Point Austin: First, Do No Harm
To attack Planned Parenthood, the state sacrifices Texas women
Having written last week about Gov. Rick Perry's latest budgetary follies ("Point Austin: The Governor's Principles," April 27), I anticipated plunging back this week into the contentious gristle of city politics. Then along came 5th U.S. Circuit Court Judge Jerry E. Smith, with his abrupt same-day stay of U.S. District Judge Lee Yeakel's Monday injunction, which briefly prevented the state of Texas from excluding Planned Parenthood from the Women's Health Program. Jordan Smith reports in detail today on the court decisions ("Planned Parenthood in the WHP: On Again, Off Again"). Texans can now await the outcome of another appeal.
Some Texans, of course, will be waiting with rather more urgency: the many thousands of women who rely on Planned Parenthood clinics for effectively their only health care. Their lives have once again been put in jeopardy by Perry and the Legislature's obsession with an entirely political war on PP, for generations one of the most respected (and efficient) providers of health care for women. Presidential and partisan politics are now relentlessly overriding the needs of Texas families, in a cynical strategy that elevates the ideological value of fetuses above the actual lives of Texas women.
That's now the legal burden of Attorney General Greg Abbott, who signed off on the brief defending the state's decision to ban PP from the WHP. The brief presents an extraordinarily tendentious and condescending argument, and the reasons it gives for the state's position are as outrageous and dishonest as the banning legislation itself. According to the state's brief, "the Texas Women's Health Program is designed to reduce abortion by subsidizing nonabortion methods of family planning."
So by excluding nearly half of WHP clients – those served by Planned Parenthood clinics – the state pretends it will reduce abortion, when every relevant study reflects that the opposite will happen. But the argument hardly stops there – if it's not allowed to ban Planned Parenthood, says the state, it will have no choice but to shut down the WHP altogether: "state law requires [the Health & Human Services Commission] to 'ensure' that no taxpayer flows to abortion-promoting entities, which means that the program will cease to exist and cannot be revived."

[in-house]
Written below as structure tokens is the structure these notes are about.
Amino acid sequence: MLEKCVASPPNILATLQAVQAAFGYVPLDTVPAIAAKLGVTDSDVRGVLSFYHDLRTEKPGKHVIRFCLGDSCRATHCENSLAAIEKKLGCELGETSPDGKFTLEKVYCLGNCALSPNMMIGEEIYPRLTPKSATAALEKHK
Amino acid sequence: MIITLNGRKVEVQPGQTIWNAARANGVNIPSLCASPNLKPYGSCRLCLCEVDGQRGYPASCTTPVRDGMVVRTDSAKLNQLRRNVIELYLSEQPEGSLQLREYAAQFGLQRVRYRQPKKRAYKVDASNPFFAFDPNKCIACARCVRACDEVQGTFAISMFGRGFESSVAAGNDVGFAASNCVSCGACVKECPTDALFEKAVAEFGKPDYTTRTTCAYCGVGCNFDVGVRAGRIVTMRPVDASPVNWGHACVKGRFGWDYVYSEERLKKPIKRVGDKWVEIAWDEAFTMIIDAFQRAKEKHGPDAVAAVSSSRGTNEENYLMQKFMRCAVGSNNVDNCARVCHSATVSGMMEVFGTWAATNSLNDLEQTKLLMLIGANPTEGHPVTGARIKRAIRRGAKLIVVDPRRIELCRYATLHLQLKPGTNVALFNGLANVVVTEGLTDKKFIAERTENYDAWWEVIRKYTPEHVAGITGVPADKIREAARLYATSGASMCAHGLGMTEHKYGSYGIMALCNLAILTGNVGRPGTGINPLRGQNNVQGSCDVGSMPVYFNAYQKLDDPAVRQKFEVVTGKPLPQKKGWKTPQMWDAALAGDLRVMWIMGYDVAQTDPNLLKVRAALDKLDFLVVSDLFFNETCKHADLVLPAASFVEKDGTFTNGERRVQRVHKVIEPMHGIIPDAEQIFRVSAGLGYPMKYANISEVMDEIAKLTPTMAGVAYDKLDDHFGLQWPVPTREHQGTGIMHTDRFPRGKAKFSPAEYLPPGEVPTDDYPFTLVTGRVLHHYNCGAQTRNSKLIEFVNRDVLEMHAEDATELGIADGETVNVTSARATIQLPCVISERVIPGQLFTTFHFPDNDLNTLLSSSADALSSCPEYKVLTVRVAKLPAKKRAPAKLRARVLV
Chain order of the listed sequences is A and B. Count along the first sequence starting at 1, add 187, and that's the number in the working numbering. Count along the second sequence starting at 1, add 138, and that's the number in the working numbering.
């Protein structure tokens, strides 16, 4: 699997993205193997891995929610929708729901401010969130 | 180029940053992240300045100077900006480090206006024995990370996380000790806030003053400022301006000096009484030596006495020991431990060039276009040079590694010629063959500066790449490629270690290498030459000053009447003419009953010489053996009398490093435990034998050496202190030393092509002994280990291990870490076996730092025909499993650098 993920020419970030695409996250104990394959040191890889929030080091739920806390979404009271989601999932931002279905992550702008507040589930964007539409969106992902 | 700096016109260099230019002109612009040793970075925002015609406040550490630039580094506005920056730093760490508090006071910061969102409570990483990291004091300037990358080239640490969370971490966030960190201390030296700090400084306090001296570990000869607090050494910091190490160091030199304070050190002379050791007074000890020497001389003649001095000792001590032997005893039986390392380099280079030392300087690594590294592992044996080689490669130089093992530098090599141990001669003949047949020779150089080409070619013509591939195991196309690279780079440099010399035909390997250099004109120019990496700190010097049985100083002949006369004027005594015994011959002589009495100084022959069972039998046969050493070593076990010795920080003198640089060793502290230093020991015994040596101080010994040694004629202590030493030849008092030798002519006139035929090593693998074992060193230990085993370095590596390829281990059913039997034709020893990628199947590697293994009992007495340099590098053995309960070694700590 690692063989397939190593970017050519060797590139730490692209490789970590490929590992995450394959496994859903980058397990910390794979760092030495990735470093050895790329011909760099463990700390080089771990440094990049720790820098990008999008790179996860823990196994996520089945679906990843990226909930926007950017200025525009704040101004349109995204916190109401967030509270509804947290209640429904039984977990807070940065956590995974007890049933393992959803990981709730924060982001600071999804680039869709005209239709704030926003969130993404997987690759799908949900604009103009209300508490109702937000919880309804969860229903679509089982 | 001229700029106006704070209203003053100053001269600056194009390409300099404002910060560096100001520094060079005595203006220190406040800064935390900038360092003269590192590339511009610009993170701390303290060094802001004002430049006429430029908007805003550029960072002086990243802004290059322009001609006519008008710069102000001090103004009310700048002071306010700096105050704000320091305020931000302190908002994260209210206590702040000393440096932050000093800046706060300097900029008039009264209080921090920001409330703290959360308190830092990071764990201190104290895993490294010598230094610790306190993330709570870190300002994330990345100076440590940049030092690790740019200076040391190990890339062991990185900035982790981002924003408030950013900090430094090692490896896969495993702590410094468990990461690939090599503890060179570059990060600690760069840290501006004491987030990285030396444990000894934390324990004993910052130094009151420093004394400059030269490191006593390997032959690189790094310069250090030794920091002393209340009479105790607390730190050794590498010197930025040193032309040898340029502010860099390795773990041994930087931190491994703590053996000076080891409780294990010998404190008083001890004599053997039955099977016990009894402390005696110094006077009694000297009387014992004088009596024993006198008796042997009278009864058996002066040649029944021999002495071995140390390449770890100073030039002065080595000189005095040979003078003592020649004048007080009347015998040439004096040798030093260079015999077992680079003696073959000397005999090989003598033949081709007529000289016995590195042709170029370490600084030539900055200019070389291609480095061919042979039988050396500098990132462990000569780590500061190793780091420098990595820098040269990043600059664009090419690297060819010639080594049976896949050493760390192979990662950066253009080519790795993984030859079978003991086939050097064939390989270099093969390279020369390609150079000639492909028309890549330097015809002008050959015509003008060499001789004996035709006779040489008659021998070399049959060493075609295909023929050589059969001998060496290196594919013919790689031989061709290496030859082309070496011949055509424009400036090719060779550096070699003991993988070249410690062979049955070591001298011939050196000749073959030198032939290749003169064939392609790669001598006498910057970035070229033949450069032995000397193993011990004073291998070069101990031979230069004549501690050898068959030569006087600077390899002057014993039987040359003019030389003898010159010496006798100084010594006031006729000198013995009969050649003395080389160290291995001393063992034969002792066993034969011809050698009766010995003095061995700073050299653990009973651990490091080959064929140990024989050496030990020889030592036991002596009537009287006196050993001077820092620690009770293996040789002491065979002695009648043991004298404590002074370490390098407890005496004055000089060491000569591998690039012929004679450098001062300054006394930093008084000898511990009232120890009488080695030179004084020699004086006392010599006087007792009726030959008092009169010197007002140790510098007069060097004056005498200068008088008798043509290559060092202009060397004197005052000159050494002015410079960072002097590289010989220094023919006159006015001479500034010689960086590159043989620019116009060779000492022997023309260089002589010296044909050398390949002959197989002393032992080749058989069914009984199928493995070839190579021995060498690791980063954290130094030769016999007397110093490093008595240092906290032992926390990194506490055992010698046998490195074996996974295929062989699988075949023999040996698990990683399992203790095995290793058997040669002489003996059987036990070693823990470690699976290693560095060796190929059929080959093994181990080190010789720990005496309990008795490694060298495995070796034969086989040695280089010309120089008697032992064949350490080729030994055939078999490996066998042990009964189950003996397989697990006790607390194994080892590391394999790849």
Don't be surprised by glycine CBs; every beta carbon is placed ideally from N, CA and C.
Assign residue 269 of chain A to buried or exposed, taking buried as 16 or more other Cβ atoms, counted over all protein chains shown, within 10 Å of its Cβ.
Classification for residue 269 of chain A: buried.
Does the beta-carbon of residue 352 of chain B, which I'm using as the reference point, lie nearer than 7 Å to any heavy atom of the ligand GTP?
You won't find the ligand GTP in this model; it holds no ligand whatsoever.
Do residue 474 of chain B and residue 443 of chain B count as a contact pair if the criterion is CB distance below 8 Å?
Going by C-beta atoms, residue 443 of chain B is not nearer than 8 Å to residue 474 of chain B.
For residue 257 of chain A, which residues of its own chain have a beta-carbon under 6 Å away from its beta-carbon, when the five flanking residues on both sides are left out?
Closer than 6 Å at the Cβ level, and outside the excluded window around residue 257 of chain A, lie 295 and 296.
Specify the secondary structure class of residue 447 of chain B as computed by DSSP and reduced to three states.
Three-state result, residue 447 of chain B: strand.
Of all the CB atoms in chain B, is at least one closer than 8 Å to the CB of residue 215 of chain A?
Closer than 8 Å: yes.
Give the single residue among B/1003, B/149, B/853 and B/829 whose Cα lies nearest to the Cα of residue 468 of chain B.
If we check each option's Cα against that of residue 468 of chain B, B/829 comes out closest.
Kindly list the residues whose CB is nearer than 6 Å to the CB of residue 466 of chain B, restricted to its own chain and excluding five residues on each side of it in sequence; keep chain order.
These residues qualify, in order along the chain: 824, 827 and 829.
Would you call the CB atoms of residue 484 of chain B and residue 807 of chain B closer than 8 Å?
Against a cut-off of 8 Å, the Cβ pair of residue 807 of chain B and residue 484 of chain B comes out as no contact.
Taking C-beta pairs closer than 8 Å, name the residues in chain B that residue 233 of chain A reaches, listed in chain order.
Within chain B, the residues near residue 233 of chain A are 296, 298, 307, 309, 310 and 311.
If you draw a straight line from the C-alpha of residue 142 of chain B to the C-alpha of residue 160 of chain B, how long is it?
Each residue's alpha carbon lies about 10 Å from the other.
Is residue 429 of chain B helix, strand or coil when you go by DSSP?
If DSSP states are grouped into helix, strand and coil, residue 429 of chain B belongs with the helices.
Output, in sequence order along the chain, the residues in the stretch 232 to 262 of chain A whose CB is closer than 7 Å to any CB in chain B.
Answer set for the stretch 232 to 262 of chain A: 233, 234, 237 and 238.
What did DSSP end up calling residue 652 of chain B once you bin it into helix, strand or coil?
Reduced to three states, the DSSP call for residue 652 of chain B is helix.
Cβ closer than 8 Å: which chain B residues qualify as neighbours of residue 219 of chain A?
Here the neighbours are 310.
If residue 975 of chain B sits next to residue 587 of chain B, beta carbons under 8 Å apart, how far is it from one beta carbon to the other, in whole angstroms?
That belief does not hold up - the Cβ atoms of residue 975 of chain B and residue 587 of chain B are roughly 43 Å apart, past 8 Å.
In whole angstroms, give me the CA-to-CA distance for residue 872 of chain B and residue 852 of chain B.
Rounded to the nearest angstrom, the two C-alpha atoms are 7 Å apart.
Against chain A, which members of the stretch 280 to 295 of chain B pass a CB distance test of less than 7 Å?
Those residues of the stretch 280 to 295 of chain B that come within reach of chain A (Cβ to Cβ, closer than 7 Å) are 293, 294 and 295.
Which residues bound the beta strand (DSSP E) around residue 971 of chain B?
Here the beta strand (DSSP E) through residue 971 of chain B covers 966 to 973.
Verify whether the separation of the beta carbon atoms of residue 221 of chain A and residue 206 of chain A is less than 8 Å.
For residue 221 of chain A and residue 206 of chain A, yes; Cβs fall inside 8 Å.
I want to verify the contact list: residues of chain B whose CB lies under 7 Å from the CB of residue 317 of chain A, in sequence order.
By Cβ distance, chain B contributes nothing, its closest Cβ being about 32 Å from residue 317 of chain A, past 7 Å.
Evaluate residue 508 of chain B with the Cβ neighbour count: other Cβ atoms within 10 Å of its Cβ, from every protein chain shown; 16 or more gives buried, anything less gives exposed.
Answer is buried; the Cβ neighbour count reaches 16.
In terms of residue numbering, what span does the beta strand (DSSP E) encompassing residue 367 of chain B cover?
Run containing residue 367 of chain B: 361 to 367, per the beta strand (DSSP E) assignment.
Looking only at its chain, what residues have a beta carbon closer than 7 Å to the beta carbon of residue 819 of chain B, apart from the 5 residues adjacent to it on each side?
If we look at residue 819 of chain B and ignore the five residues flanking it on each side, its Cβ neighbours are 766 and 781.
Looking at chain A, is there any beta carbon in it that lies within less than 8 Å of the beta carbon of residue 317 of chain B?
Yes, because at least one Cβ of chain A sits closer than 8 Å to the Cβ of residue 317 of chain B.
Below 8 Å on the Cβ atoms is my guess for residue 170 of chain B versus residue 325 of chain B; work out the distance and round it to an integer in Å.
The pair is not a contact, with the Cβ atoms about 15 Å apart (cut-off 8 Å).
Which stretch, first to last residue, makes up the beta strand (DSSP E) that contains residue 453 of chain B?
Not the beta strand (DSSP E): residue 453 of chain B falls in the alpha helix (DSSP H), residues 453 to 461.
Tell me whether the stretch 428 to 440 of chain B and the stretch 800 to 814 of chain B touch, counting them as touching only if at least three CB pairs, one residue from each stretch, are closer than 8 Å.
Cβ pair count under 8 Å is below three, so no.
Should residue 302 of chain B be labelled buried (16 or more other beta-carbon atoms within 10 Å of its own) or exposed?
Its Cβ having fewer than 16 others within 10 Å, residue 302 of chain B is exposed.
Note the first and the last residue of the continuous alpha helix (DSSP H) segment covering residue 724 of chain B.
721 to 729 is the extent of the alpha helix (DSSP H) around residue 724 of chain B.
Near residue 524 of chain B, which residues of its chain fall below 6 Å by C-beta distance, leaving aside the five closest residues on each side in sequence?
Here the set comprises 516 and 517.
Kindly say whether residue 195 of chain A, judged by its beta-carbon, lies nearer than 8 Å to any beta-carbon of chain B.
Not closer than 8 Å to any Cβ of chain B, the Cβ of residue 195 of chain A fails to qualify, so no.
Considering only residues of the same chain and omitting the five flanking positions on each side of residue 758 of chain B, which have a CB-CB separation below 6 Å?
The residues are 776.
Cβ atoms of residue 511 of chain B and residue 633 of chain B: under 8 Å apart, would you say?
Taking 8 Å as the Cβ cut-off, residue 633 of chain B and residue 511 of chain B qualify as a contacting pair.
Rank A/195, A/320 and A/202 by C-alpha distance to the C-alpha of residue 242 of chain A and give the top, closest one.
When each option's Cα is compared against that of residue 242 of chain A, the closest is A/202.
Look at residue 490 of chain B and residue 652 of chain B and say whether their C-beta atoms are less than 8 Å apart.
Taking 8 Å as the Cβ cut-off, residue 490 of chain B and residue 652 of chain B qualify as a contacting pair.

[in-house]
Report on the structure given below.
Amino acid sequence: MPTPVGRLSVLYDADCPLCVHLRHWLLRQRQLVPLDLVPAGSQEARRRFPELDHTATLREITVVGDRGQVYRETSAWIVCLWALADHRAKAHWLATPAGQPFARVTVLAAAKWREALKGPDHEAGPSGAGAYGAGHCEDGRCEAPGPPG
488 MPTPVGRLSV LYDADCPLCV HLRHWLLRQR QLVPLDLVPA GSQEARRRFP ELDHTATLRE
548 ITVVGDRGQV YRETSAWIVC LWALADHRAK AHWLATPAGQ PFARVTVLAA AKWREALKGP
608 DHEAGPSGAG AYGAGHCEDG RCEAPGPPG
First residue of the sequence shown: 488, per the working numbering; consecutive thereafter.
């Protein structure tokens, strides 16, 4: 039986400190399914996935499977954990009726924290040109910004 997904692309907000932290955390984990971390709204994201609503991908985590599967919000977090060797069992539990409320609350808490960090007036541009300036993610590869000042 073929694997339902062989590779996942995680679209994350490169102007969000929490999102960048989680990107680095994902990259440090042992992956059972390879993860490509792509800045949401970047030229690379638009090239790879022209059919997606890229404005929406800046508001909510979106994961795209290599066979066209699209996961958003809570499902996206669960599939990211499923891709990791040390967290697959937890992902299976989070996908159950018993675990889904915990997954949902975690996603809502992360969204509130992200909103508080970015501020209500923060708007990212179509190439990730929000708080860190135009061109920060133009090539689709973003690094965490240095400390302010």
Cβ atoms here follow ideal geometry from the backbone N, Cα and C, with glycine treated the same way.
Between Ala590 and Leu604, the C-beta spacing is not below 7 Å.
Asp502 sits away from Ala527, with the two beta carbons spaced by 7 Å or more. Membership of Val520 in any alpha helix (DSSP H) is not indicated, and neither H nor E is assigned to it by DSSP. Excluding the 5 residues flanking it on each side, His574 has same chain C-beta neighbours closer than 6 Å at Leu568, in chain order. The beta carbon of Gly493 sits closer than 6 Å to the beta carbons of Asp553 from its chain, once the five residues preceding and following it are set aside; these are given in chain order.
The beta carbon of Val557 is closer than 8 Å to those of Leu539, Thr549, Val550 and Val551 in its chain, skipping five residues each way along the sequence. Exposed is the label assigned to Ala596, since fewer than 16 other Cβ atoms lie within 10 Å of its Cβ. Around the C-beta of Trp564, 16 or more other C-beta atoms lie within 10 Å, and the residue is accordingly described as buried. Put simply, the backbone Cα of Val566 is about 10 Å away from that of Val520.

I suppose it's useful to know that the state of Texas is not above blackmail when it comes to attacking Planned Parenthood, and it's not at all squeamish about leaving women's bodies in its wake. The state's argument is the rough equivalent of a doctor declaring, "Unless you allow me to maim this patient, I'm just going to have to let her die." Of course, the state's casualties will be on a much larger scale – the program served approximately 100,000 women in 2010, many of whom have no access to another provider for basic medical attention – but in the service of family fetal values, sacrifices must be made.
Judge Yeakel (a Republican and a Bush appointee, by the way) itemized on a smaller, more comprehensible scale what the state decision will mean in terms of abandoned patients: Planned Parenthood of North Texas, 7,000 women; PP of Hidalgo County, 6,500 women; PP Association of Lubbock, 2,000 women; PP of West Texas, 3,000 women – all with effectively no other clinics available. Moreover, continued Yeakel, "If Plaintiffs are forced to close some health centers or to reduce their centers' hours, the tens of thousands of additional clients they serve will also be harmed."
The state's response: Either let us close those clinics, serving many thousands of Texas women, or we will shut down not only those but every other WHP clinic as well.
Idle Politics, Real Lives
That legal ultimatum is rather different from Perry's thus far empty promise to find state monies to replace the federal government's current WHP contribution of $9 for every $1 provided by the state. The federal government created the WHP Medicaid-waiver program (allowing women not otherwise covered by Medicaid to receive services), and it sets the standards for program participants – including PP, which through other, non-federally funded programs provides completely legal abortion services, although not at any of the WHP clinics. As Yeakel laid out in his injunction, "the government may not condition participation in a government program or receipt of a government benefit upon an applicant's exercise of protected rights" [and further] "Texas is reaching beyond the scope of the government program and penalizing Plaintiffs for their protected conduct."
Writing in The Washington Post this week ("Let's just say it: The Republicans are the problem," April 27), conservative scholars Thomas Mann and Norman Ornstein argue that our national political polarization and dysfunction is not "bipartisan"; "we have no choice but to acknowledge," they write, "that the core of the problem lies with the Republican Party." The GOP has moved so far to the right, ideologically and strategically, that it has made government-by-compromise not just difficult, but inadmissible. That may seem just like a "politics" problem, or a "Washington" problem – but here in Texas, where the lives of hundreds of thousands of women stand in the balance, it's very much a human problem that cannot be wished away.
Michael King, Fri., May 24, 2013
Fri., May 24, 2013
Richard Whittaker, Fri., May 24, 2013
Jim Hightower, Fri., May 24, 2013
Jordan Smith, Fri., May 24, 2013
Michael King, Fri., May 10, 2013
Michael King, Fri., May 3, 2013
Michael King, Fri., April 26, 2013
Michael King, Fri., April 19, 2013
Michael King, Fri., April 12, 2013
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